Fourthly and most importantly, the whole question of what should constitute a “reserved legal activity” hasn’t received nearly enough scrutiny. That’s the conclusion of a just-released report sponsored by the Legal Services Board and written by Stephen Mayson, the widely respected director of the Legal Services Policy Institute. In his report,

Mayson said he had found the origins of the six activities currently reserved to be “remarkably obscure,” with “little basis for suggesting a common policy rationale that justifies their existence”. For example, he discovered that the conveyancing monopoly came about in 1804 when Prime Minister Pitt the Younger wanted to appease a profession unhappy with his plans to increase taxes on articles of clerkship and practising fees. Professor Mayson said it would be “unwise to consider any particular legal activity for inclusion or exclusion in the absence of a broader set of criteria that could be generally applied.”

So there are good reasons for England & Wales to think twice before reflexively placing the writing of wills under the exclusive authority of the legal profession. But if you’re a North American lawyer who practises something other than wills and estates, and you’ve made it this far into this post, you’re probably wondering what possible relevance this has to you. I’d argue it has great relevance, because this looks like the first major skirmish in what will be a decade-long war over a crucial question: what should be classified as “lawyer services” and what can be classified merely as “legal services”?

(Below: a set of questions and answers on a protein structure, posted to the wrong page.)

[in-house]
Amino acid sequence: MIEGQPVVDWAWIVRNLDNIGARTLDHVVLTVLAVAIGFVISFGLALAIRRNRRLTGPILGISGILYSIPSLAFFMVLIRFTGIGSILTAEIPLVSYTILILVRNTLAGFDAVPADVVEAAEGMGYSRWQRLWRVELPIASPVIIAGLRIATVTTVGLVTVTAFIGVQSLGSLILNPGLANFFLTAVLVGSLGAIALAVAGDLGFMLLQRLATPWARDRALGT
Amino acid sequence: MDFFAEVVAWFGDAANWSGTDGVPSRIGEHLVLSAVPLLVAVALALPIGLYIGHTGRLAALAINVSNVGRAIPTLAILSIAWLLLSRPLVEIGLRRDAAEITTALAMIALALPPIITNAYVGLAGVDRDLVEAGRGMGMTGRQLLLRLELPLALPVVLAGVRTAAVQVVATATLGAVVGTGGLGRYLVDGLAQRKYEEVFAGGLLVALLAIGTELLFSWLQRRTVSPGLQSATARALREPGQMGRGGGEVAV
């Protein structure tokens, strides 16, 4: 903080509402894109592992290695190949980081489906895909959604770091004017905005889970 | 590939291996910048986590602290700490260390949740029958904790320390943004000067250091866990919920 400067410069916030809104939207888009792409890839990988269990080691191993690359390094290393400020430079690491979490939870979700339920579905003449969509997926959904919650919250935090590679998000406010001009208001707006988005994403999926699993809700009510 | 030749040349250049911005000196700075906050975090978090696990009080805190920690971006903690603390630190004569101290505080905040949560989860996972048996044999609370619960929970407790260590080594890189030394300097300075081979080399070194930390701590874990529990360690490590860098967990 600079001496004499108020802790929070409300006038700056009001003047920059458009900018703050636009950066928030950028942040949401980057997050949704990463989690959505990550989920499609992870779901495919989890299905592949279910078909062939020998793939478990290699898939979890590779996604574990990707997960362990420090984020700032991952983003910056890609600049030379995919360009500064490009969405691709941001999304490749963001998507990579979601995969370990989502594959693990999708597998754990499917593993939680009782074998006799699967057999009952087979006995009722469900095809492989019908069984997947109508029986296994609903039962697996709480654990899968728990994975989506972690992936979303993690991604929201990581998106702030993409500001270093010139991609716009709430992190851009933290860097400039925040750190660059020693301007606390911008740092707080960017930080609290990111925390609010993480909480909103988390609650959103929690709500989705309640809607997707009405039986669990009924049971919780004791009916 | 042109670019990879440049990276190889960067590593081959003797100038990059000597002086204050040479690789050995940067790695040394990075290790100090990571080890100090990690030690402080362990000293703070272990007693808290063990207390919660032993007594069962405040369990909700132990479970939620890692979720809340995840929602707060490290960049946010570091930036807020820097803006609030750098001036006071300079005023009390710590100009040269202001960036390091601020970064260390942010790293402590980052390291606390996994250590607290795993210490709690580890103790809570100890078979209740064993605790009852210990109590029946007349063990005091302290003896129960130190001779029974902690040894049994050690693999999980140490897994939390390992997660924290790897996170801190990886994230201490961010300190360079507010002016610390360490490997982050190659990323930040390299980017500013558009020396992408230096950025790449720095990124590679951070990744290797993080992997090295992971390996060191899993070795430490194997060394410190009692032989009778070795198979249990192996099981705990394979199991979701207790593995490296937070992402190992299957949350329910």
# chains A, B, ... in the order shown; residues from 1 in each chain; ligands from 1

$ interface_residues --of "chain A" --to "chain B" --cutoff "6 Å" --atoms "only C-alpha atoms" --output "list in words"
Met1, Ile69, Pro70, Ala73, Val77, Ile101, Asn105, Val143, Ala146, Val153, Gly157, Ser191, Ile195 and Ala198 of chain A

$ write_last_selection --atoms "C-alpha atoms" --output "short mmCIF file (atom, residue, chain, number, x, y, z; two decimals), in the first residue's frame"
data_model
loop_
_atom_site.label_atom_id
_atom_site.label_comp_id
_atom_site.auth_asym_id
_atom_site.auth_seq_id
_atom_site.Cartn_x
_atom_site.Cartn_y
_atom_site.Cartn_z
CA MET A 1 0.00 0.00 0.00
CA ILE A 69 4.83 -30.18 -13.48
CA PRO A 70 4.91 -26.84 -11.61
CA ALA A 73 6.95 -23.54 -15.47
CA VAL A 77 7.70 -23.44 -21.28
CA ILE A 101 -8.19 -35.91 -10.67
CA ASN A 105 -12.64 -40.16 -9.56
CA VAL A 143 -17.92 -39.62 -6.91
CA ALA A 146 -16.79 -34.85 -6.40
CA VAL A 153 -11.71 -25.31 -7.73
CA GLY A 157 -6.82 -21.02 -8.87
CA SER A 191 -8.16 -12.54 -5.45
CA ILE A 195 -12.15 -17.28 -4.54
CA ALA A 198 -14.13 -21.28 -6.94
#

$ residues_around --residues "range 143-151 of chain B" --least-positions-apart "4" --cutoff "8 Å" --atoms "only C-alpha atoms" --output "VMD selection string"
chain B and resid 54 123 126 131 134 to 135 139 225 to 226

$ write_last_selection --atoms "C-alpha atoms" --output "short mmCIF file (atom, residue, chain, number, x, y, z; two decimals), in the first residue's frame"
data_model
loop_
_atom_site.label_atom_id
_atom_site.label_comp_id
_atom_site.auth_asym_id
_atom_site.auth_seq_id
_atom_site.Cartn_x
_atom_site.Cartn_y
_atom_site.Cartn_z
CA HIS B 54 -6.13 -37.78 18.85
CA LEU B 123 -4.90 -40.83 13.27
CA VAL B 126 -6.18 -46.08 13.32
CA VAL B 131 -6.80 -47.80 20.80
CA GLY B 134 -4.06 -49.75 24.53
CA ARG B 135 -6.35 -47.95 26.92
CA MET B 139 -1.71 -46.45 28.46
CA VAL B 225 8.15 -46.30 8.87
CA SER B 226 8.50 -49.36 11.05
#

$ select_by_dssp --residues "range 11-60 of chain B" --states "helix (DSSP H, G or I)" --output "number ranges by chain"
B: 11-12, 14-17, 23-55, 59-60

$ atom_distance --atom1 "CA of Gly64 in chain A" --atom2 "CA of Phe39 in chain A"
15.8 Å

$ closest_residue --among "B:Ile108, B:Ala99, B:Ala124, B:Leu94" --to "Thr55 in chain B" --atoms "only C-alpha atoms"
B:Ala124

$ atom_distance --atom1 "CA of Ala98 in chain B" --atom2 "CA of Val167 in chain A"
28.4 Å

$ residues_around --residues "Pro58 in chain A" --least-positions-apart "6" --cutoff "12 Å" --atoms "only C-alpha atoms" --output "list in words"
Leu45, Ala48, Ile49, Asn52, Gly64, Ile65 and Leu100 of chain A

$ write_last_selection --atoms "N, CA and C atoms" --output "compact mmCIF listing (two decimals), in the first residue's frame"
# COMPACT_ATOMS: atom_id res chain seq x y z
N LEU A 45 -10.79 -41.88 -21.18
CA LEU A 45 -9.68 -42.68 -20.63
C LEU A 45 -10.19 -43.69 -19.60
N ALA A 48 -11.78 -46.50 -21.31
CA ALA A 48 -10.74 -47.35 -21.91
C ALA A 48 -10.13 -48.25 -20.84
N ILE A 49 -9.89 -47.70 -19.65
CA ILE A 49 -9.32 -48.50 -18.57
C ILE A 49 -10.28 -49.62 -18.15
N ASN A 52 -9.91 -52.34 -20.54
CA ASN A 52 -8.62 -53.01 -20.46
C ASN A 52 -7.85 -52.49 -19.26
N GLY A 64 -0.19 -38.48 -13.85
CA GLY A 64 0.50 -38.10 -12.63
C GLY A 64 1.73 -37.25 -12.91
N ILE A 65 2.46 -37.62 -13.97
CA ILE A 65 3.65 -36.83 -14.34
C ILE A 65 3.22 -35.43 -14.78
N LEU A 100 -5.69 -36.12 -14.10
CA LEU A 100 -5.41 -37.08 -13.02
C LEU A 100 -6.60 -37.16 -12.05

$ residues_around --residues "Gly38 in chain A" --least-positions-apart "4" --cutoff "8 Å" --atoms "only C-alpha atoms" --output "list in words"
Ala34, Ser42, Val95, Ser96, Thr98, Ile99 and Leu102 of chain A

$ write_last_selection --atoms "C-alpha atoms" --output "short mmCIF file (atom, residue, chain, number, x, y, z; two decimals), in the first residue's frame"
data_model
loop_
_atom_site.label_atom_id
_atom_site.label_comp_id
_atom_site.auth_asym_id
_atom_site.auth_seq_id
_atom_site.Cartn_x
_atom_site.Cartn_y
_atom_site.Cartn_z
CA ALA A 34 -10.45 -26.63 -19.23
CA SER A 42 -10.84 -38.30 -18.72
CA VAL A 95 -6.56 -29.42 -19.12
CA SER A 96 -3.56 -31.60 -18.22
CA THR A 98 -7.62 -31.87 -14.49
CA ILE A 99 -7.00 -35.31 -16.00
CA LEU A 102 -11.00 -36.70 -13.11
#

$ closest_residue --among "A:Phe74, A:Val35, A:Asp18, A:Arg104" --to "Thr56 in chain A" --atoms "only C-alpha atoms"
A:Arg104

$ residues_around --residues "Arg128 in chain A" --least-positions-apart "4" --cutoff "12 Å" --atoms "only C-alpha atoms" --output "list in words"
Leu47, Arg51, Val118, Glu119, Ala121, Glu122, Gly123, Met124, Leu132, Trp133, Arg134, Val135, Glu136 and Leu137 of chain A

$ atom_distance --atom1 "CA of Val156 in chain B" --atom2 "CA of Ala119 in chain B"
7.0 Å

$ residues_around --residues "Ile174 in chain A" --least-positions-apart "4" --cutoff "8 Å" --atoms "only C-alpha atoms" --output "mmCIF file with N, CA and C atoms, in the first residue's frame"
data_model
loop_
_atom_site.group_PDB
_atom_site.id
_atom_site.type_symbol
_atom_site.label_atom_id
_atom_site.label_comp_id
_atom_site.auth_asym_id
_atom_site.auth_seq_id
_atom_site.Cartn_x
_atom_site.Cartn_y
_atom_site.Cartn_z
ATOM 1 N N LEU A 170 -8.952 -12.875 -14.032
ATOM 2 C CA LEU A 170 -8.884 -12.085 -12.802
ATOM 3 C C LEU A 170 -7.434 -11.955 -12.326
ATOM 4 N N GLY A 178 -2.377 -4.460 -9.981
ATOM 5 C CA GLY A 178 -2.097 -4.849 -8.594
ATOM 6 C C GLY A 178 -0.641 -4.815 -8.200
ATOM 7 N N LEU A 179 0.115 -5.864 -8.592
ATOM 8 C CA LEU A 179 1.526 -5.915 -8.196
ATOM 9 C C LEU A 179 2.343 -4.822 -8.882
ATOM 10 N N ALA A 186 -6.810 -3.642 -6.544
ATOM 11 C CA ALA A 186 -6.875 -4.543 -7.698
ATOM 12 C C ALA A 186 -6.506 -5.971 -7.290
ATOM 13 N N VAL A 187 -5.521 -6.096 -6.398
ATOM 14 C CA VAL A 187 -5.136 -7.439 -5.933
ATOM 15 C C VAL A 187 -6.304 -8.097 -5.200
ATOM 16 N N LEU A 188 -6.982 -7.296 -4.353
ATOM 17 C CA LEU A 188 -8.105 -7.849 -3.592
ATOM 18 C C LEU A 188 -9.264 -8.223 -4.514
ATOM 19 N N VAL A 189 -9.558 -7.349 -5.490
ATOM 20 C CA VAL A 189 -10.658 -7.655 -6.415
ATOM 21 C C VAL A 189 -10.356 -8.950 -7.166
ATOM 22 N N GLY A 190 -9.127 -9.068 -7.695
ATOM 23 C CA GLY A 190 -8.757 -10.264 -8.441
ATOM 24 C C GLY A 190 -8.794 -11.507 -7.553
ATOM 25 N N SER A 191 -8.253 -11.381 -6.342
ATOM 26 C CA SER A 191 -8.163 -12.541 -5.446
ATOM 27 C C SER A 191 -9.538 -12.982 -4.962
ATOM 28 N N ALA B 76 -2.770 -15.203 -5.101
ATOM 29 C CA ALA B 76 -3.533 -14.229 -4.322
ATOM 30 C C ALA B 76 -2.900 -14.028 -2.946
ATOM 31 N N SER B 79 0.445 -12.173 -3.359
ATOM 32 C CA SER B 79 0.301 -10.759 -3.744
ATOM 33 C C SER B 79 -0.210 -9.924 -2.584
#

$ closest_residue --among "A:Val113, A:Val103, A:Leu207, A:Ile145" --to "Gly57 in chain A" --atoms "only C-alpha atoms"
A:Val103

We’ve tended to use “legal services” and “lawyer services” more or less interchangeably over the years, such that “legal services” has become a virtual synonym for “the practice of law” (lawyers have not hesitated to encourage this blurring of lines). But the will-writing controversy forces us to think about law-related services that, for reasons of both marketplace efficiency and access to justice, could and perhaps should be kept outside the strict ambit of the legal profession. Granted that a Wild-West free-for-all wills market serves no one’s interests: is the opposite end of the spectrum, wills kept under lawyers’ lock and key, the best alternative? Isn’t the middle ground worth at least some exploration and settlement?

Consider another example, a growing force coming from the opposite direction: legal process outsourcing. Three recent articles explore the impact of LPOs on the traditional big-firm business model, and I recommend a thorough reading of all three:

If I can try to summarize the thrust of three lengthy and insightful pieces, it seems to be that: